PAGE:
The most valued liberties in every society form a window into which we can see them more clearly. Many Brazilians believe that freedom of speech, which protects against censorship, is not as sacred as the right to privacy.
This is why many of them were in favor of a successful lawsuit that Roberto Carlos brought in 2007 in order to have a book about his life withdrawn from bookstores. In an article published by O Globo in 2013, Chico Buarque, one of the many musicians that supported Roberto, defended the right of a public figure to protect his personal life.
A judicial action of this type would be unthinkable in the United States, where there is an abundance of unauthorized biographies, many of which are defamatory or take great liberties with the facts. Furthermore, the decision by the Brazilian Supreme Court to prohibit the subjects of unauthorized biographies from barring their publications would have been unnecessary in the United States.
Why? The Constitution of the United States protects freedom of speech more forcefully than it protects the right to privacy. If a biography is defamatory, the subject of the biography can sue the authors and editors.
The American Constitution sees the right of a citizen to express his or her opinion as fundamental in a democracy. The free flow of ideas, opinions and complaints constitutes democratic oxygen — so much so that in 1978, American courts refused to bar neo-Nazis wearing swastikas from marching in a Jewish suburb of Chicago.
The American right to freedom of speech is as old as the country itself. When American colonists in the 18th century protested against the authority of the British government to tax them, the British government taxed them even more. The subsequent rebellion of the colonists was the spark that gave rise to the American War of Independence.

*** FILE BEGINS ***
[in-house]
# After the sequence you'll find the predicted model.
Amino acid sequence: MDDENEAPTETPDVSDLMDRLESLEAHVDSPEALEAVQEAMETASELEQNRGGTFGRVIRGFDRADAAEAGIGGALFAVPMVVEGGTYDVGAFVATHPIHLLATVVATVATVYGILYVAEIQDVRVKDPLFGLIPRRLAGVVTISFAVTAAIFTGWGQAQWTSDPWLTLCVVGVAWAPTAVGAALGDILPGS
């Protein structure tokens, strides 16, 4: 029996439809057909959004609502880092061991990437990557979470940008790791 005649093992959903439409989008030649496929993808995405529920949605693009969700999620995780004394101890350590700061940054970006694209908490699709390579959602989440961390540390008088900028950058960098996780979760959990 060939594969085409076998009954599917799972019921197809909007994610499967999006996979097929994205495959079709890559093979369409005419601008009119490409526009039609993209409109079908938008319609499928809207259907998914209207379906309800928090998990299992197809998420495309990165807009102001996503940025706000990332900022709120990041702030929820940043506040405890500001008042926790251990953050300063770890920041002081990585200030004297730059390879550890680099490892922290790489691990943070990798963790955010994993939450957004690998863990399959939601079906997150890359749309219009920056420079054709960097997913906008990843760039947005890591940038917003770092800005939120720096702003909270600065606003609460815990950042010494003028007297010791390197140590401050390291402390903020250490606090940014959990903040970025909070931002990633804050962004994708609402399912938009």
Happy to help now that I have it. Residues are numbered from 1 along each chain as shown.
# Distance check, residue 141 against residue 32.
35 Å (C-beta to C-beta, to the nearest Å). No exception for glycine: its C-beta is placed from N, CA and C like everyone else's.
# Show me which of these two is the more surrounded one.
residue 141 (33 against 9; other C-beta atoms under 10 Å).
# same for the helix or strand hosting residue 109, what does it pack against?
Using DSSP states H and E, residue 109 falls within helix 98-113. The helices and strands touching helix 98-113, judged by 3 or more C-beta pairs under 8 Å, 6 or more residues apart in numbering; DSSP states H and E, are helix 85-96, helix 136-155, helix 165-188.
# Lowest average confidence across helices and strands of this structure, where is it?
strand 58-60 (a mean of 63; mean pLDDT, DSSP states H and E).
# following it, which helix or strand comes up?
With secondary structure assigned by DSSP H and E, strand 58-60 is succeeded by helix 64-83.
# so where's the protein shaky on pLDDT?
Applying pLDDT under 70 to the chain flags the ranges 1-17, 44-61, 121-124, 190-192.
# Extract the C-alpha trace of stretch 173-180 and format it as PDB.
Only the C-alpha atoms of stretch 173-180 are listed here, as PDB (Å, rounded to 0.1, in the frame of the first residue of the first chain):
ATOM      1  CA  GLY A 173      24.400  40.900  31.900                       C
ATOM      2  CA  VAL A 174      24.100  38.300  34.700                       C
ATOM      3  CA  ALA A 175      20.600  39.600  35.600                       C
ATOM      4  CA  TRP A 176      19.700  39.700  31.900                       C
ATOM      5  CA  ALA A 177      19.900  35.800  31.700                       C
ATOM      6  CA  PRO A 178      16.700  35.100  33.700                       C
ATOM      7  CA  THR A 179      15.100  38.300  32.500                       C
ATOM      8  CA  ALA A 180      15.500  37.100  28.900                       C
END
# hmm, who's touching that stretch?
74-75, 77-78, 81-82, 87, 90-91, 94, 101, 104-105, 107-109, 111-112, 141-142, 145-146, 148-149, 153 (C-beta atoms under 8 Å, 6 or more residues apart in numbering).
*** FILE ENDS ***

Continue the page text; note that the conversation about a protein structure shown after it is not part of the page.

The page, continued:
Perhaps Brazilians do not see freedom of speech as such a fundamental right because it did not play a role in the independence of Brazil, which derived from succession rather than revolution. Perhaps Brazilians don’t value this liberty as much as Americans because they didn’t fight and die for this right.
Yet Brazilians are putting this right into practice with increasing frequency. They did it collectively in the protests, “Rights, now!” in 1983-1984, reclaiming direct presidential elections, as well as in the protests against Collor in 1992.* In June 2013, Brazilians took to the streets again in defense of the no-fee policy for collective transport. In 2015, the Brazilian elite promoted the banging of pots and pans in protest against the government program.
Americans publicly protest not only to contest governmental policies, but also to defend marginalized groups in which they take part or through which they identify themselves. In 2014 and 2015, blacks (and empathetic whites) protested in the streets against the deaths of unarmed African-Americans at the hand of white police in various cities — Ferguson, Missouri and Baltimore, Maryland. I have never seen a protest of this sort in Brazil, where unarmed blacks are frequent victims of police violence.
One reason why the collective defense of marginalized groups is so rare in this country is because blacks, gays and feminists are much less organized than in the United States. Yet,= even if Brazilians don’t exercise their freedom of speech as widely as Americans, the two nations would profoundly feel the lack of this right if it were taken from them. As Cecília Meireles wrote, “Freedom [is] a word fed by human dreams, that no one explains and no one understands.”
*Editor’s Note: Collor refers to Fernando Collor de Mello, the president of Brazil from 1990 to 1992.